The power of partnership has been recognised as a successful strategy for combat…

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The power of partnership has been recognised as a successful strategy for combating organised crime in Adur and Worthing.

It comes as Adur & Worthing Councils held their third Behind Closed Doors conference, bringing together national experts and local public services to discuss how to prevent the rise of criminal exploitation in the area.

The conference focussed on how to identify and protect vulnerable people in the community who are at risk of criminal and sexual exploitation, and particularly the rising threat of so-called ‘county lines’ to Worthing. This is where drug gangs from urban areas, particularly London, recruit children and adults in more rural areas to sell drugs for them. The most recent statistics have shown that 50 per cent of the drug lines into West Sussex come into Worthing.

The conference also heard about cuckooing where the houses of vulnerable adults are taken over for drug selling. Last year 15 addresses in Adur, Worthing and Horsham had been identified as potential cuckooing properties, but co-ordinated efforts by the police and other agencies including the Councils means the figure now stands at four.

Chief Inspector Miles Ockwell, Sussex Police’s District Commander for Worthing, Adur and Horsham, said: “Criminal exploitation linked to county line drug dealing has been on the rise in many parts of the country including Adur and Worthing. But over the last 18 months we have become much better informed about the issue and much better at identifying and dealing with cuckoo addresses.”

The police are part of a multi-agency partnership involving Adur & Worthing Councils, health, probation, and victim support services amongst others working together to identify potential criminal exploitation.

Adur & Worthing Councils as part of the Community Safety Partnership has staff from their Communities and Wellbeing team working in Worthing Police Station and plans are underway to refresh the successful youth early intervention project to tackle the emerging risks. Parents will receive a ‘safeguarding alert’ letter from the Council if a young person is recorded as having been stopped by the police a number of times.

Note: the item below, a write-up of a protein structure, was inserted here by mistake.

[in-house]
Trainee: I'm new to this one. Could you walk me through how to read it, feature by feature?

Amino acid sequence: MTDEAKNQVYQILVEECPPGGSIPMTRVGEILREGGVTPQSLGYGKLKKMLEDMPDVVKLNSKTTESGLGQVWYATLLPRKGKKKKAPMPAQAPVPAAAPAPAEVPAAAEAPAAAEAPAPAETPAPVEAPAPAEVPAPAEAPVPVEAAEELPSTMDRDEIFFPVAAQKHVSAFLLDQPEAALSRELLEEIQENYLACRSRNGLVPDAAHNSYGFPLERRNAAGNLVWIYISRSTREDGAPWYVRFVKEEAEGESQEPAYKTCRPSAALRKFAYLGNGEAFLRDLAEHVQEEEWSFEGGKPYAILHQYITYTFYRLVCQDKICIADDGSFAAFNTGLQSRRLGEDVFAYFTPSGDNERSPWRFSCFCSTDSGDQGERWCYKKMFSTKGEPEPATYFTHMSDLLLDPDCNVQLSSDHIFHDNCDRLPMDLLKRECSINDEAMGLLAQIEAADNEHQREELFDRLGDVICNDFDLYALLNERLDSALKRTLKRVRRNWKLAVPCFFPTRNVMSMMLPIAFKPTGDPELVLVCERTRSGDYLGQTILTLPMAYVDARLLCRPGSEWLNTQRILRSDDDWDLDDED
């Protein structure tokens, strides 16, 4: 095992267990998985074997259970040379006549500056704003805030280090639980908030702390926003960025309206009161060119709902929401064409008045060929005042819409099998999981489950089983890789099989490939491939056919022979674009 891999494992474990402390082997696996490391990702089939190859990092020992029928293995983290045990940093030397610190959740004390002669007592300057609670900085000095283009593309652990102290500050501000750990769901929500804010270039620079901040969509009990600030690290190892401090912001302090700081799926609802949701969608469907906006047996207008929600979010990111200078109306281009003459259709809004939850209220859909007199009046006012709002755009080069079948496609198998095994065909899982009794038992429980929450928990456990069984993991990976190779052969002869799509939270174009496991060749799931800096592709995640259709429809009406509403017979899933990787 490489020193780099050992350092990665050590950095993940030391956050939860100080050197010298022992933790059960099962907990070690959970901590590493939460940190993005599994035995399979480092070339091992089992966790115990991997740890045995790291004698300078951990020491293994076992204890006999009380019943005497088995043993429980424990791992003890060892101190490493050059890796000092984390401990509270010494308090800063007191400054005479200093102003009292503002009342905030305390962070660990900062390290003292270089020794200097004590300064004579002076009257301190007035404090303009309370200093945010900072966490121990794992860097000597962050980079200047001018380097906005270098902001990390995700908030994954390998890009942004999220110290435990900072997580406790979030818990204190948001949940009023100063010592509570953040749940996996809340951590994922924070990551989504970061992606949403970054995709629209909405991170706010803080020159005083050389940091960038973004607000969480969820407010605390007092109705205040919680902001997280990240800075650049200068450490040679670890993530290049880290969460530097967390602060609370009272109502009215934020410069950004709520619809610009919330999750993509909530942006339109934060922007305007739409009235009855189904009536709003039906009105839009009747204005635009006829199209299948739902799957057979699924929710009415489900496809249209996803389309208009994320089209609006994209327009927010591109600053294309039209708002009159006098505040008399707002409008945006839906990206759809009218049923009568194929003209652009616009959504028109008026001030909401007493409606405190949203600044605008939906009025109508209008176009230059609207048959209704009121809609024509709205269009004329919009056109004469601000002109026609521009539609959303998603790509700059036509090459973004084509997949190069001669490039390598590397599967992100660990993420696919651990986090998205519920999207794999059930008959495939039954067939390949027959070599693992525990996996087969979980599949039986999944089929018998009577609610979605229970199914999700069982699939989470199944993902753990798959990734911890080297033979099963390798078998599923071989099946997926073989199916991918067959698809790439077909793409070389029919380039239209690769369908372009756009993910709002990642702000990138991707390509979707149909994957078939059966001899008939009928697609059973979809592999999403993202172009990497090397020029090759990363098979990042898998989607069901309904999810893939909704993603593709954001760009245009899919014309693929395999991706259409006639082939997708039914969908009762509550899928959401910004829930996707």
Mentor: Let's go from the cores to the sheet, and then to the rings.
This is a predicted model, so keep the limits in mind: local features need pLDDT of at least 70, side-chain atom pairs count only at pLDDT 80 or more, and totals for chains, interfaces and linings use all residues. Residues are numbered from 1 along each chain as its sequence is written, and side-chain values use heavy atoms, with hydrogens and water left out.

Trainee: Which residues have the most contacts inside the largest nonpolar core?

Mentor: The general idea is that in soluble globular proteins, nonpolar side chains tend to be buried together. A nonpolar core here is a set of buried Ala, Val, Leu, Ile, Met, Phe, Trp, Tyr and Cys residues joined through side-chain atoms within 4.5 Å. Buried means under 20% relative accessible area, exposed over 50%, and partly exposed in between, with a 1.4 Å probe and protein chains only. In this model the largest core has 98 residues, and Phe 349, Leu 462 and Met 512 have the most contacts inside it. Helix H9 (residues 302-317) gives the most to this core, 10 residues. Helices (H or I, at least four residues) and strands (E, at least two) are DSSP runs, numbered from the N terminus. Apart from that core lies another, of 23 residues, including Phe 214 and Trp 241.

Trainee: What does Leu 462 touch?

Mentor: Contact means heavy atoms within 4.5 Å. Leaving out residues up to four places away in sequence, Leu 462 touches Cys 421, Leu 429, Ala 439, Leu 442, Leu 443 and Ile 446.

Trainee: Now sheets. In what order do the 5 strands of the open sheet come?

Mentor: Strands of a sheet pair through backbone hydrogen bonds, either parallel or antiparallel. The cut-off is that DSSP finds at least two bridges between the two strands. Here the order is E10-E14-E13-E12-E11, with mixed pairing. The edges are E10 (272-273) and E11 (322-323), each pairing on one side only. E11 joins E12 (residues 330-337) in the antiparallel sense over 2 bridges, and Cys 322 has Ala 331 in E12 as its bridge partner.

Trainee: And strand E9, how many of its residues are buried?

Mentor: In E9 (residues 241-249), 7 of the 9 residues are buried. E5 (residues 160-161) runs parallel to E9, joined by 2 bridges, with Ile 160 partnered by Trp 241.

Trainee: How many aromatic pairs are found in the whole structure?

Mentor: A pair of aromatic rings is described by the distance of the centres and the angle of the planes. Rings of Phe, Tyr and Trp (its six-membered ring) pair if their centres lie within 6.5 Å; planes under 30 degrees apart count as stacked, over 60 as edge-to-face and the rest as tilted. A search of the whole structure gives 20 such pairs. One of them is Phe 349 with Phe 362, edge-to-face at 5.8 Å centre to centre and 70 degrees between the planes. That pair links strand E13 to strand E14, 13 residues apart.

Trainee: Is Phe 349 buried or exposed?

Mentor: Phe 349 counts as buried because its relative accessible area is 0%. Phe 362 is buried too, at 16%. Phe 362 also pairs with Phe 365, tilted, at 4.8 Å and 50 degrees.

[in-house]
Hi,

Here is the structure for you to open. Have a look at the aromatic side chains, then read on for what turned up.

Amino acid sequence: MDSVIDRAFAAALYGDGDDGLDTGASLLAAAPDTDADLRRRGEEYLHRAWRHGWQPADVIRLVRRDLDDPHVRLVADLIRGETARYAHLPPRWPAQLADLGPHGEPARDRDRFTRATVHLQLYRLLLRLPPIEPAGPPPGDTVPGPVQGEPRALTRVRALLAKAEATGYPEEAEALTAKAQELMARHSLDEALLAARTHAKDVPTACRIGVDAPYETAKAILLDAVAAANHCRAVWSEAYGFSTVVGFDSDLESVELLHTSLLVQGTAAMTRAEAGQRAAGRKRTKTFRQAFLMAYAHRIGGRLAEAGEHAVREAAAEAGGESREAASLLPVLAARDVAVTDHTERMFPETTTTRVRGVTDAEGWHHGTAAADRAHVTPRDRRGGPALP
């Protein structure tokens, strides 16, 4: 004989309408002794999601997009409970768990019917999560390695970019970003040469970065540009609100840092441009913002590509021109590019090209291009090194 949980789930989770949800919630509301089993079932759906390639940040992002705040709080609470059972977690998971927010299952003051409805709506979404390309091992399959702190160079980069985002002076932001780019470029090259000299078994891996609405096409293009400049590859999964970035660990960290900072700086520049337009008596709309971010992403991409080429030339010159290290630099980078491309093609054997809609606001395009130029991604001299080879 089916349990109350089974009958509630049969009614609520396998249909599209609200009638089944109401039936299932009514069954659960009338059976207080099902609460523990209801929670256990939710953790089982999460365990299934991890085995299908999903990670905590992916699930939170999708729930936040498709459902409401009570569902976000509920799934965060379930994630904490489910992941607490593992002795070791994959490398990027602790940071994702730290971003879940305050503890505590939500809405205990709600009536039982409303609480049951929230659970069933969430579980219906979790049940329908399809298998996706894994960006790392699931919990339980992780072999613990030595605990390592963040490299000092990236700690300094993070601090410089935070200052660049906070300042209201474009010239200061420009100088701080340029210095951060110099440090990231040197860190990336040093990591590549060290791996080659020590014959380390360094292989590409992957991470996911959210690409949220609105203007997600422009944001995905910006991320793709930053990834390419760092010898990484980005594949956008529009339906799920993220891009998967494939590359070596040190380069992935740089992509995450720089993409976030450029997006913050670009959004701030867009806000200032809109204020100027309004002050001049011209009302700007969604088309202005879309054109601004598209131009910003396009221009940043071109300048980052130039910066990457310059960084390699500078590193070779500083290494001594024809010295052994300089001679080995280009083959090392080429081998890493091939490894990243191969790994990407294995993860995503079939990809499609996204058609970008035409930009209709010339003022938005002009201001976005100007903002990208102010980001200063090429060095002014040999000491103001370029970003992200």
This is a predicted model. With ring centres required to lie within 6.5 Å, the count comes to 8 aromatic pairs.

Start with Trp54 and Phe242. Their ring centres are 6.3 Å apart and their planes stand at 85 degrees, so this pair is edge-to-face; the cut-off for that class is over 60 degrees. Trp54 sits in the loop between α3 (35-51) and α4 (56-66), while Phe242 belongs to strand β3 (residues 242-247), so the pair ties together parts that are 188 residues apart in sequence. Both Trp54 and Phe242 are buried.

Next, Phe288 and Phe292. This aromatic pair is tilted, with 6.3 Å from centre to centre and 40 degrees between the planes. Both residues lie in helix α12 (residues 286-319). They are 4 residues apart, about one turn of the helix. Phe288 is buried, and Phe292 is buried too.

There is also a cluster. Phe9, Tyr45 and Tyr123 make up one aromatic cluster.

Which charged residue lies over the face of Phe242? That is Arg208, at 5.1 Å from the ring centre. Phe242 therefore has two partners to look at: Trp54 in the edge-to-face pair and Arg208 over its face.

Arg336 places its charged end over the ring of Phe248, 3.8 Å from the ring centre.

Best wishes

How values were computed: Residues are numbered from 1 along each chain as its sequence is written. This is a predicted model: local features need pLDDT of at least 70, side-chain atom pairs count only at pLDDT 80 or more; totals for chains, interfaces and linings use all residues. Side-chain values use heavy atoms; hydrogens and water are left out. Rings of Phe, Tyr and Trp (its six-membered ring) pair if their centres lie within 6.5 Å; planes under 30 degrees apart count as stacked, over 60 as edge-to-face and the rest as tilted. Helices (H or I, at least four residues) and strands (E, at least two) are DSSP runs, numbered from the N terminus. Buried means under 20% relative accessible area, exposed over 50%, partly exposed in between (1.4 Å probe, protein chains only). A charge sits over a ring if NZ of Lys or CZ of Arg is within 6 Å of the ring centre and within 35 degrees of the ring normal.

National and local evidence suggests that children are increasingly becoming the victims of criminal exploitation as they are recruited into drug selling networks which are highly organised and manipulative.

Sophie Whitehouse, conference organiser and interim manager for Communities and Wellbeing at Adur & Worthing Councils, said: “Worthing remains one of the safest places to live, but the advent of social media and mobile phones means some problems are escalating, and we want to be on the front foot in terms of tackling them.

“Schools and other professionals working with children and vulnerable adults are not always aware of the growing problem, how to recognise the signs and also how to access support. The conference is about sharing knowledge and information.”

Speaking at the one day conference in Worthing’s Assembly Hall, Mark Pearson, a national expert on criminal exploitation and former police officer, praised the level of cooperation in Adur and Worthing between community and public service organisations.

Pearson, CEO of Excelsior, a non-profit organisation which provides help and support to vulnerable young people and adults, said: “Although much of the information around exploitation is extremely negative, the way that Adur and Worthing takes it seriously and is working to combat what is a growing problem, is a good news story.”

Councillor Dave Simmons, Adur District Council’s Executive Member for Health and Wellbeing, said: “Our focus is on the victims and what can be done to stop them becoming victims in the first place. The conference is a good opportunity to expose some of the risks and discuss ways of combating them.”

Councillor Val Turner, Worthing Borough Council’s Executive Member for Health and Wellbeing, said: “While our communities remain safe places to live, it’s important that we hold events like this to share knowledge and experiences so that we always remain ahead of the curve in protecting our residents.”




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